It’s no big secret the majority of security incidents companies grapple with are a result of human error. Maybe a user opens the wrong email attachment. Or maybe they visit the wrong website or plug in the wrong USB drive. People are people. They’re going to make mistakes. Cyber criminals know this and actively prey on user error as the path of least resistance inside any network they’re targeting.
In the first post in this two-part series, I offered recommendations to make users more aware of the threats they’re most likely to be exposed to, ways to increase their awareness and lower their risk. In this post, I’d like to cover why awareness alone isn’t enough.
The idea that educated users should be able to identify all attempts to fool them makes the flawed assumption that all attacks have clear tells that they can pick up on. That line of thinking tragically underestimates the creativity and complexity of today’s advanced attacks. Not only are there numerous ways of tricking the most paranoid users into opening malicious attachments or clicking on links, there are also ways of infecting them that require no clicking or interaction at all.
Counterfeit emails and websites have gotten far more personal and convincing
Gone are the days when the only malicious emails in a user’s inbox were poorly constructed spam messages, in marginal English, from fake Nigerian princes. Today’s most advanced phishing attacks leverage information from social media accounts, company websites, and previously compromised inboxes. As a result, well-crafted phishing emails appear to come from a contact you know and may even include a file attachment shared between the two of you sometime in the recent past. In the attack, however, this version of the attachment will result in infection and an additional compromised account to exploit. (For a specific example, read this blog post from Wordfence.)
Getting locked out of critical files and systems is increasingly likely following a successful phishing attack, but as prominent as ransomware has become, there are other types of infections that are equally damaging but far more stealthy.
With ransomware, a user typically knows within minutes that they’ve been infected, because suddenly they have fullscreen ransom demand or an inoperative system. Other attacks are intended to be more insidious, like banking trojan infections, which can go unnoticed until a victim’s financial accounts have been drained dry.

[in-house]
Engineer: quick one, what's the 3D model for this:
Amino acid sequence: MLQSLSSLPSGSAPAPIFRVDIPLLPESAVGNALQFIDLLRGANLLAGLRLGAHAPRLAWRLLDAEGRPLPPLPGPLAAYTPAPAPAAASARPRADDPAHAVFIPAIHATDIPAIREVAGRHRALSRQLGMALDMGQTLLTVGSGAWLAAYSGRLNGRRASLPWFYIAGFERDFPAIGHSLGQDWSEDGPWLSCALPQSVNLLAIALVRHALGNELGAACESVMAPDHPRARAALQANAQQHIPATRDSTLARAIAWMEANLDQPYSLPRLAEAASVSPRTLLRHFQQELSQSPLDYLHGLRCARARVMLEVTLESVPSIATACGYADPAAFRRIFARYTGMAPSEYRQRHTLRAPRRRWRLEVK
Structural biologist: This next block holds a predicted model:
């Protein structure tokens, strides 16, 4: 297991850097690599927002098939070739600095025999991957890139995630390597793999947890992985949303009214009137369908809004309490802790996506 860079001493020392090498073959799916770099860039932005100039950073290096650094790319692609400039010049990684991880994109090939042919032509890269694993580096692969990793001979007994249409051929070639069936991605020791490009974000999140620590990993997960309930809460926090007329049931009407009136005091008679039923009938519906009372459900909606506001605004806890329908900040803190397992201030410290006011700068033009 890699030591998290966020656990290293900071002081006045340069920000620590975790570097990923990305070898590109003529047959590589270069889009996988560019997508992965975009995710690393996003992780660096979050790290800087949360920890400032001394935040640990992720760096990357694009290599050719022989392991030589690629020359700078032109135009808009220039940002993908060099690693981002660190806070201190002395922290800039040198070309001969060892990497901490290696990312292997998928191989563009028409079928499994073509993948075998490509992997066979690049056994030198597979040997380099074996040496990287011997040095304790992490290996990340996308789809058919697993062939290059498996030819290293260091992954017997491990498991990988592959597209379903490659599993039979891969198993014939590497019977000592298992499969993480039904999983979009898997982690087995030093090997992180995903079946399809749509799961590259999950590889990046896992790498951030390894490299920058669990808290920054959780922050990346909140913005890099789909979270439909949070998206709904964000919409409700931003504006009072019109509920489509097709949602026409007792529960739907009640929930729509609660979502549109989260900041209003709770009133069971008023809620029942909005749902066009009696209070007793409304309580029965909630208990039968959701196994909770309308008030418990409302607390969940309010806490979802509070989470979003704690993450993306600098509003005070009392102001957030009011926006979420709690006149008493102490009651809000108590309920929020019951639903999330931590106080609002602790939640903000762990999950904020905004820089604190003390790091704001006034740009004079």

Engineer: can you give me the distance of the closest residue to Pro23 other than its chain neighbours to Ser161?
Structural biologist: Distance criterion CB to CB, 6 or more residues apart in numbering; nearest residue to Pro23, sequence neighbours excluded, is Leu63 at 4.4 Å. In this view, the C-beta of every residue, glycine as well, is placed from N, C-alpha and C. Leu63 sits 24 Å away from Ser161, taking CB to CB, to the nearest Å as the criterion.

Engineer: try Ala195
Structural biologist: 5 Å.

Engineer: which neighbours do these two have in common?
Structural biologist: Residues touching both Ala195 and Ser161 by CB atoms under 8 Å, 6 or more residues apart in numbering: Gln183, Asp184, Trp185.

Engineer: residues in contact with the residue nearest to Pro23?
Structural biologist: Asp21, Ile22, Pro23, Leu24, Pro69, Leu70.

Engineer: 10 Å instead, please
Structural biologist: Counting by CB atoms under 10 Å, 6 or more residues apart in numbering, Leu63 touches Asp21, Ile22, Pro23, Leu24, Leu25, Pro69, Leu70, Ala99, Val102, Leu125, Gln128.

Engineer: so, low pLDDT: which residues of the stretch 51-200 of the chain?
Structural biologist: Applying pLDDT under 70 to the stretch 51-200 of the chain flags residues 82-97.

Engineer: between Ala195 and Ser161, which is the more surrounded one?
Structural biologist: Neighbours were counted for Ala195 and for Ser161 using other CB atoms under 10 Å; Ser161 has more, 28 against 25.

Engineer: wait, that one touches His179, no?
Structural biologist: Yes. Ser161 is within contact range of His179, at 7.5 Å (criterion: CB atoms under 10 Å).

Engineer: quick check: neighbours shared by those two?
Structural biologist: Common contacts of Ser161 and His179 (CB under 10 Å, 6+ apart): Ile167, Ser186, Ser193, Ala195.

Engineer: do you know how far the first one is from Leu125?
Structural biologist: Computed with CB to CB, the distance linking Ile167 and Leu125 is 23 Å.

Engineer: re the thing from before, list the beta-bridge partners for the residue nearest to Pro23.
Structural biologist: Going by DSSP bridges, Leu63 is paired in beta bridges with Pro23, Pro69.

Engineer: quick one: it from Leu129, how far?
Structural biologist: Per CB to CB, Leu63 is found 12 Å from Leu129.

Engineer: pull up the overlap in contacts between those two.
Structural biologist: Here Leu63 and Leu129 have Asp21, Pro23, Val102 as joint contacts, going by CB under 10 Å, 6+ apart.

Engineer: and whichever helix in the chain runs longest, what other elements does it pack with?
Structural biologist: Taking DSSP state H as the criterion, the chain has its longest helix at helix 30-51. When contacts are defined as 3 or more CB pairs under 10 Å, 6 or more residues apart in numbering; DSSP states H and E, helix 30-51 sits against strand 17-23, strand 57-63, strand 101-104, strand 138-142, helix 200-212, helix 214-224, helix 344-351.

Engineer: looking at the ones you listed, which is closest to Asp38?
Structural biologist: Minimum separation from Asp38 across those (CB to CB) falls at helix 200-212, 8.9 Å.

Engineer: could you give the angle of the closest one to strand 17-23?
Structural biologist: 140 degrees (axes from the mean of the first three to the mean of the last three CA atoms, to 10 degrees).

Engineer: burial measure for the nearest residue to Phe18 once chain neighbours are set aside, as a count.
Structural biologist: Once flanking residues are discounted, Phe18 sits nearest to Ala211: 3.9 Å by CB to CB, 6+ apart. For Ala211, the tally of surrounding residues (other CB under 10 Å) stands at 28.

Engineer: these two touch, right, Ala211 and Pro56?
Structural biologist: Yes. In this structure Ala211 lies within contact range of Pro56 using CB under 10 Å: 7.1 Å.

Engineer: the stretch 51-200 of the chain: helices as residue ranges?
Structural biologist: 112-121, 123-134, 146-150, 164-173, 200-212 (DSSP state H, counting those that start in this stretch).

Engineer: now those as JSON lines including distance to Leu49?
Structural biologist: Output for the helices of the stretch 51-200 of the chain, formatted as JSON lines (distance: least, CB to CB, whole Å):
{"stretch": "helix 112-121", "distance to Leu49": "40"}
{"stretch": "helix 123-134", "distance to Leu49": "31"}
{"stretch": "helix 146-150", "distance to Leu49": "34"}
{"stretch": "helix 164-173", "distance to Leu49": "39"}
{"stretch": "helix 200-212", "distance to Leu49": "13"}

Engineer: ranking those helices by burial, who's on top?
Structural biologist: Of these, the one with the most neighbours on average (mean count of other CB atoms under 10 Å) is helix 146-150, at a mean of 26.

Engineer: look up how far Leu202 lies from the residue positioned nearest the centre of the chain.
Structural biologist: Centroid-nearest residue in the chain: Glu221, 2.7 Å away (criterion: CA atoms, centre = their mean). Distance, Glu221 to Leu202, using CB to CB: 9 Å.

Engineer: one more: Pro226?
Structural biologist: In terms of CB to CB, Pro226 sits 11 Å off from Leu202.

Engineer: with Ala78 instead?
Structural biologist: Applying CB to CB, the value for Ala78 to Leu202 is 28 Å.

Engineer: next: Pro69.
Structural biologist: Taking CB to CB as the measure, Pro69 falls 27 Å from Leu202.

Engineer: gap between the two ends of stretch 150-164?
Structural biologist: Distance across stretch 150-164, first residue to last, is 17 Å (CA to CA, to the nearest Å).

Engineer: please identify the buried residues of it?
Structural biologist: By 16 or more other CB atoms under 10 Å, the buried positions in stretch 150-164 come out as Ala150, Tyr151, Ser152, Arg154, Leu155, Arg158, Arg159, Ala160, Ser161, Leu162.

In those scenarios, the malicious code waits silently on a user’s machine until he or she visits a banking website, at which point one of two credential-stealing attacks unfolds:
1. The trojan redirects the user to a realistic counterfeit version of the banking website to capture their credentials. At the same time, the trojan automatically enters the credentials into the intended, legitimate, website, triggering any SMS or other two-factor authentication code that it also captures via the fake website.
2. The trojan injects malicious code directly into the legitimate banking website as it loads, adding additional fields to existing forms or creating new pop-ups specifically designed to mimic the bank’s design and brand.
In either of these scenarios, it is is a mistake to assume the user can recognize something isn’t right. In these scenarios, who could? They need help from tools that can identify the presence of banking trojans and other malware on their systems, and benefit most from blocking their installation in the first place.
The latest wave of ransomware attacks have not relied on users at all
While phishing and other attacks that rely on tricking users still pose a significant risk, some of the most prominent and widespread recent infection scenarios haven’t involved users at all. Take the WannaCry and NotPetya outbreaks, for example. Following initial infections, both exploited vulnerable, unpatched, remote systems to spread the infection, while NotPetya also abused otherwise legitimate system tools like PsExec and WMIC to move laterally across compromised networks.
These are complex developments in attack vectors, and simply blaming the user for providing an easy access point isn’t credible anymore. Knowing that raising user awareness of security issues and training them to identify and report attempted attacks is one crucial brick in the wall of security, companies also need to dedicate themselves to protecting users and eliminating the blind spots caused by unpatched systems and a lack of strong endpoint protection.